Into the Unknown: Reflections on Risk, Uncertainty and Monetary Policy Decision-making
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Paul Jenkins: C.D. Howe Institute
C.D. Howe Institute Commentary, 2019, issue 549
The contention of this Commentary, using the 2008-2009 Global Financial Crisis (GFC) and related monetary policy decision-making as a case point, is a simple one: that closer attention should be paid to the distinction between risk and uncertainty. As defined by economist Frank Knight of the University of Chicago, risk applies to situations where the outcome of a given situation is not known, but where we can measure probabilities with some degree of confidence. Uncertainty, in contrast, applies to situations where we cannot know all the information we need in order to estimate the probabilities in the first place. It has been standard practice that central banks take into account perceived risks for the economic outlook in their conduct of policy. The Commentary starts with a review of the ways the central banks have traditionally dealt with the distinction between risk and uncertainty using models of optimizing (i.e., rational) behaviour. The Commentary then discusses Agent-Based Models (ABMs), one example of a nonoptimizing behavioural model, in which simple behaviours can combine from the ‘bottom up’ to recreate the more complex behaviours seen in the real world (Turrell 2016). Employing these models could expand the central bank’s toolkit for dealing with risk and uncertainty. The discussion then turns to the importance of communications and why central banks should reposition their communications strategies to better address the distinction between risk and uncertainty. The case is made that expanding their communications strategy to include narratives is a potentially powerful approach for acknowledging there is no pretense on their part that they know what the future holds. By narrative, we mean the ability to integrate information in a way that both acknowledges the infinite uncertainties facing us and tells a story to assist economic agents to understand the world confronting them. For the best policy decisions, a single judgment about the economic outlook is needed, where risks are considered balanced. However, uncertainties may mean that a single judgment is difficult, or near impossible. In today’s world, it seems that economic (and geopolitical) uncertainties have become an almost constant feature of the policy landscape. A growing concern about the true nature and extent of these uncertainties facing policymakers is becoming more commonplace, and for good reason. Three examples are considered, all reflective of the uncertain global economic environment facing Canada. The first is Brexit; the second is the implications for Canada of US-China trade tensions; and the third is climate change. The message of this Commentary is that it is better to acknowledge than ignore these uncertainties as part of a central bank’s modeling and communications strategy.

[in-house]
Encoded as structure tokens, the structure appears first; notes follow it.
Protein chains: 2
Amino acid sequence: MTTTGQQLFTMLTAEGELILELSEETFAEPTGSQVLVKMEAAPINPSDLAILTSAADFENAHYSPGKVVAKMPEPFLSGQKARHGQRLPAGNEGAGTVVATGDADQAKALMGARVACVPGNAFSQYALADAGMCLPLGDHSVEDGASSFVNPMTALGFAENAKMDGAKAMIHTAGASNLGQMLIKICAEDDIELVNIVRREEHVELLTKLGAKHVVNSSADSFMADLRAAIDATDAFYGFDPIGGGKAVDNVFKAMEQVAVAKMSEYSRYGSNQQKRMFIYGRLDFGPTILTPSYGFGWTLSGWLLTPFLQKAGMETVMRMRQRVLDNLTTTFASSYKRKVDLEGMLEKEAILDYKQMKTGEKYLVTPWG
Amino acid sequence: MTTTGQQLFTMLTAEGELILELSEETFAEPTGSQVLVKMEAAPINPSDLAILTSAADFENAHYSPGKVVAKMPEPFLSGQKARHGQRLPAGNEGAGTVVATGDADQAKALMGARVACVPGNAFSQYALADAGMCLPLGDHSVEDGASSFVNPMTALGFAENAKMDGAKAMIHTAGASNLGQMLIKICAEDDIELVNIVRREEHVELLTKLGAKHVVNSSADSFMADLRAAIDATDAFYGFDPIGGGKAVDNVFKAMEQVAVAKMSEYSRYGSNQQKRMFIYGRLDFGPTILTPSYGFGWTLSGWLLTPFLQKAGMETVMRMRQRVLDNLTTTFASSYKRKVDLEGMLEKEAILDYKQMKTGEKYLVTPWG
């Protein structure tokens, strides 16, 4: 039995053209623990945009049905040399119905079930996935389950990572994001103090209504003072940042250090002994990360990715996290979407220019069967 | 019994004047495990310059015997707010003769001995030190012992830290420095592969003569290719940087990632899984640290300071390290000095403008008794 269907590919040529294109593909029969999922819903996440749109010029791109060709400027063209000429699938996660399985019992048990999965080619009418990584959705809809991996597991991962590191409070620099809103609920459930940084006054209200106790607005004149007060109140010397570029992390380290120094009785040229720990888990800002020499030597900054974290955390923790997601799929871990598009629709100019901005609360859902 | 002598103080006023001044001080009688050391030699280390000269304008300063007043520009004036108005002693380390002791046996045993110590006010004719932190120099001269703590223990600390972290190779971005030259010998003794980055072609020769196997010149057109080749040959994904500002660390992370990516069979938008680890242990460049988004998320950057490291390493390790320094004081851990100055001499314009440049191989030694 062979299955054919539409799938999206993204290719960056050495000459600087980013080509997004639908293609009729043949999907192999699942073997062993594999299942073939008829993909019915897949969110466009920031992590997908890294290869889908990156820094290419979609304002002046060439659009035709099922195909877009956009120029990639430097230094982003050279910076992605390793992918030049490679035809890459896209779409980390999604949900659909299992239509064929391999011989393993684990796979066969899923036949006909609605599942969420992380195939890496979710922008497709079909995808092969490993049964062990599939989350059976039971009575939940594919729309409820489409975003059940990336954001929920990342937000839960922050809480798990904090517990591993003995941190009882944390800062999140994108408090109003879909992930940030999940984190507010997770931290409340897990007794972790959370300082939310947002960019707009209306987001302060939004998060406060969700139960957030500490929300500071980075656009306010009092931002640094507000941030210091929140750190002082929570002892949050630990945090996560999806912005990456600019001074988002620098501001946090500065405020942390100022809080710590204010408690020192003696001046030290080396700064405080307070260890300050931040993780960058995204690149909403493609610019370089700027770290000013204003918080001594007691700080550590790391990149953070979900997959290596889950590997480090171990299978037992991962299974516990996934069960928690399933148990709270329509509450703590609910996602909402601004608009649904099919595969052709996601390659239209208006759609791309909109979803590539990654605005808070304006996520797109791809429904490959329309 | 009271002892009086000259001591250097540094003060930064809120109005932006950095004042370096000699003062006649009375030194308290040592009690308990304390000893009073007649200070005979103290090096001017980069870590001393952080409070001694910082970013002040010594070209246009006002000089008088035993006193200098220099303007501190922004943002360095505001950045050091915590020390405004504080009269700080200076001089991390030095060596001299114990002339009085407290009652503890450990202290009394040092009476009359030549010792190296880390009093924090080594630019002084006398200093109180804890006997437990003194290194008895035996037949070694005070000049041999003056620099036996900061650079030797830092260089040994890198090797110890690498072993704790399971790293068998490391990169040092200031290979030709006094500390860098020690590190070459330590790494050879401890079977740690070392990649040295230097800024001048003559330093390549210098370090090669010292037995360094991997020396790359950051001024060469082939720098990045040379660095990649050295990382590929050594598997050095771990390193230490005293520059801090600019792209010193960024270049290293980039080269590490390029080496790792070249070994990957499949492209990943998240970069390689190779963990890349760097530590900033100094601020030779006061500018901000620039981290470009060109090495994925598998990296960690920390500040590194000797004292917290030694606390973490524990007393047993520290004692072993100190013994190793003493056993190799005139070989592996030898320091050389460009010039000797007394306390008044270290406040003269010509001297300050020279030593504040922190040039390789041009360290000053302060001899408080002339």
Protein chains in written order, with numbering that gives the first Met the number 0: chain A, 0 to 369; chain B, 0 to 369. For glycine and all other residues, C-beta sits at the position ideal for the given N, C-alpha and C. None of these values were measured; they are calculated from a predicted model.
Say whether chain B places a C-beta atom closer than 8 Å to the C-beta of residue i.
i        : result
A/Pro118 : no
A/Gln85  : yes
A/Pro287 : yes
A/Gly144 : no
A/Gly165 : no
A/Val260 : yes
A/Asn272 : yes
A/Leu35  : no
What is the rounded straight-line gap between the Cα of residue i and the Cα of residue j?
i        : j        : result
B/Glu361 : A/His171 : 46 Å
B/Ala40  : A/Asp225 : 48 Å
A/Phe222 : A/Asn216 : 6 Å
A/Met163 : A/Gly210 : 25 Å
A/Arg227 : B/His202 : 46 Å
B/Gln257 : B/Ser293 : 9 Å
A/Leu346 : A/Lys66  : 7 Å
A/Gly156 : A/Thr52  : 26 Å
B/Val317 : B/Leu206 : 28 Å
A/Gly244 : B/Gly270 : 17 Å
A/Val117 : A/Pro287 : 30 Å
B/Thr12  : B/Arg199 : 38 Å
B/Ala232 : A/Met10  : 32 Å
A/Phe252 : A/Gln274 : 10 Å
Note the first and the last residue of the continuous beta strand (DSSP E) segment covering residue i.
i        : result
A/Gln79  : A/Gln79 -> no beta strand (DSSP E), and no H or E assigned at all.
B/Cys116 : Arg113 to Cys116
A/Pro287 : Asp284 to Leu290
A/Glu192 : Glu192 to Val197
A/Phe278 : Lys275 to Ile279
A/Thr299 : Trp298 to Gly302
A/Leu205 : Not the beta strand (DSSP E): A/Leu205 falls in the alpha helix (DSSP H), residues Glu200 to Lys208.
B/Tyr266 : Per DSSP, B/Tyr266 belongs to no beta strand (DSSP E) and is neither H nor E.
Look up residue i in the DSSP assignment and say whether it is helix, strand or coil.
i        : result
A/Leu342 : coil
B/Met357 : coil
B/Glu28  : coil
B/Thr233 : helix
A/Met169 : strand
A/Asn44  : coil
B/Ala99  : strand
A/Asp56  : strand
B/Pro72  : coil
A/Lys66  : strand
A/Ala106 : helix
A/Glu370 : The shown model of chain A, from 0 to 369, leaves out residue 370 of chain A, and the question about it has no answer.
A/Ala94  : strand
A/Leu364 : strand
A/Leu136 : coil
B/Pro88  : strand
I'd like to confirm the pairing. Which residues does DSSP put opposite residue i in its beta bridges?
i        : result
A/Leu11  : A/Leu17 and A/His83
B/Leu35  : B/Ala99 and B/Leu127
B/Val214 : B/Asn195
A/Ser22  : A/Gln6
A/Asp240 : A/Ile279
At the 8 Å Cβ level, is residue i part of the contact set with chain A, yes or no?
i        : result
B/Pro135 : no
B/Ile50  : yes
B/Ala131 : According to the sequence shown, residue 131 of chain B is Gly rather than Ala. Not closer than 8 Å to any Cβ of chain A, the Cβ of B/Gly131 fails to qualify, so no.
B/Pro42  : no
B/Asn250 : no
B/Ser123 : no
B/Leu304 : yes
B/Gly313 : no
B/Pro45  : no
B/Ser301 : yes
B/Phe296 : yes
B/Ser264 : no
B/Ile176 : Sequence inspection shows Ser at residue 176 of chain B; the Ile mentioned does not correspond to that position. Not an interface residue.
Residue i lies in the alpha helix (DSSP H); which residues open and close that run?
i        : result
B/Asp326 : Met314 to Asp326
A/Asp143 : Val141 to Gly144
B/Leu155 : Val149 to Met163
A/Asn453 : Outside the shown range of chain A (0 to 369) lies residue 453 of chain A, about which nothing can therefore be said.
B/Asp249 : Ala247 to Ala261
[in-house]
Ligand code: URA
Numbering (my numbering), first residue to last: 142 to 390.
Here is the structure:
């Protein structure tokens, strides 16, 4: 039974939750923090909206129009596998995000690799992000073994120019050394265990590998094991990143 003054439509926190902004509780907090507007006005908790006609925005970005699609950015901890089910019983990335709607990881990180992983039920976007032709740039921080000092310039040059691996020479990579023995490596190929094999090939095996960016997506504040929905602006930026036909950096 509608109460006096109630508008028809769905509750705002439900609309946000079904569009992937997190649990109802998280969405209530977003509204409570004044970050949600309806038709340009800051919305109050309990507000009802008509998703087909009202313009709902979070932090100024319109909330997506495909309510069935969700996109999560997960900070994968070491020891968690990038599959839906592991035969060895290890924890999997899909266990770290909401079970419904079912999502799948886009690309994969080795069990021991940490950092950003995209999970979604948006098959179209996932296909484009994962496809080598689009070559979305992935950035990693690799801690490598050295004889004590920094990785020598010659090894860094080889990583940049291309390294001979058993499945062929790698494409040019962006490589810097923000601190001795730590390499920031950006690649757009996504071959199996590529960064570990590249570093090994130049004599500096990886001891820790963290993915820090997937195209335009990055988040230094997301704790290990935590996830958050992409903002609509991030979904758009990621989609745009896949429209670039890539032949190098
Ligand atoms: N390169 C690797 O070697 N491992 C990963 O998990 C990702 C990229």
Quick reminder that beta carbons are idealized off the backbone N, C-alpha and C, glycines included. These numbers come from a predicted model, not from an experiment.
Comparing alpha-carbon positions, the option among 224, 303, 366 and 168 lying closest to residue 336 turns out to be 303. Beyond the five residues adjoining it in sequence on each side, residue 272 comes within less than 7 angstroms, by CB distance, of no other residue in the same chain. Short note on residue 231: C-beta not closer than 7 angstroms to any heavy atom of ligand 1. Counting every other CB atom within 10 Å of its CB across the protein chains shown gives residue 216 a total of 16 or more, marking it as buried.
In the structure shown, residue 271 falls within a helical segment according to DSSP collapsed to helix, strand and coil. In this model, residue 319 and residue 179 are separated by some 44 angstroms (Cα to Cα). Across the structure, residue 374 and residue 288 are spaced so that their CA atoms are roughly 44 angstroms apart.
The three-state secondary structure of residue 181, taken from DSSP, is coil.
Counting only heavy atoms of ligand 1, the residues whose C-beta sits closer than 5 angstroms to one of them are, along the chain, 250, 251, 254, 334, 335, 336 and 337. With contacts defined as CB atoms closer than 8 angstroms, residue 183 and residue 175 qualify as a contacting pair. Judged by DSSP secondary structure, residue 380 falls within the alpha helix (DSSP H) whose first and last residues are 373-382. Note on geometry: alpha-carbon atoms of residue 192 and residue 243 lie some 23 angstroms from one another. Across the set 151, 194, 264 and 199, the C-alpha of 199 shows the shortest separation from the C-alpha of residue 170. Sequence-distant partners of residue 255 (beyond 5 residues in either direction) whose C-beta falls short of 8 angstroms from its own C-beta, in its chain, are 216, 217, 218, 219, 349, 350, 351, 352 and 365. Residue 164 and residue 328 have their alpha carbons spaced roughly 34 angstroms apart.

Keywords: Monetary Policy; Central Banking; Economic Outlook; Policy Guidance (search for similar items in EconPapers)
JEL-codes: E27 E37 E58 (search for similar items in EconPapers)
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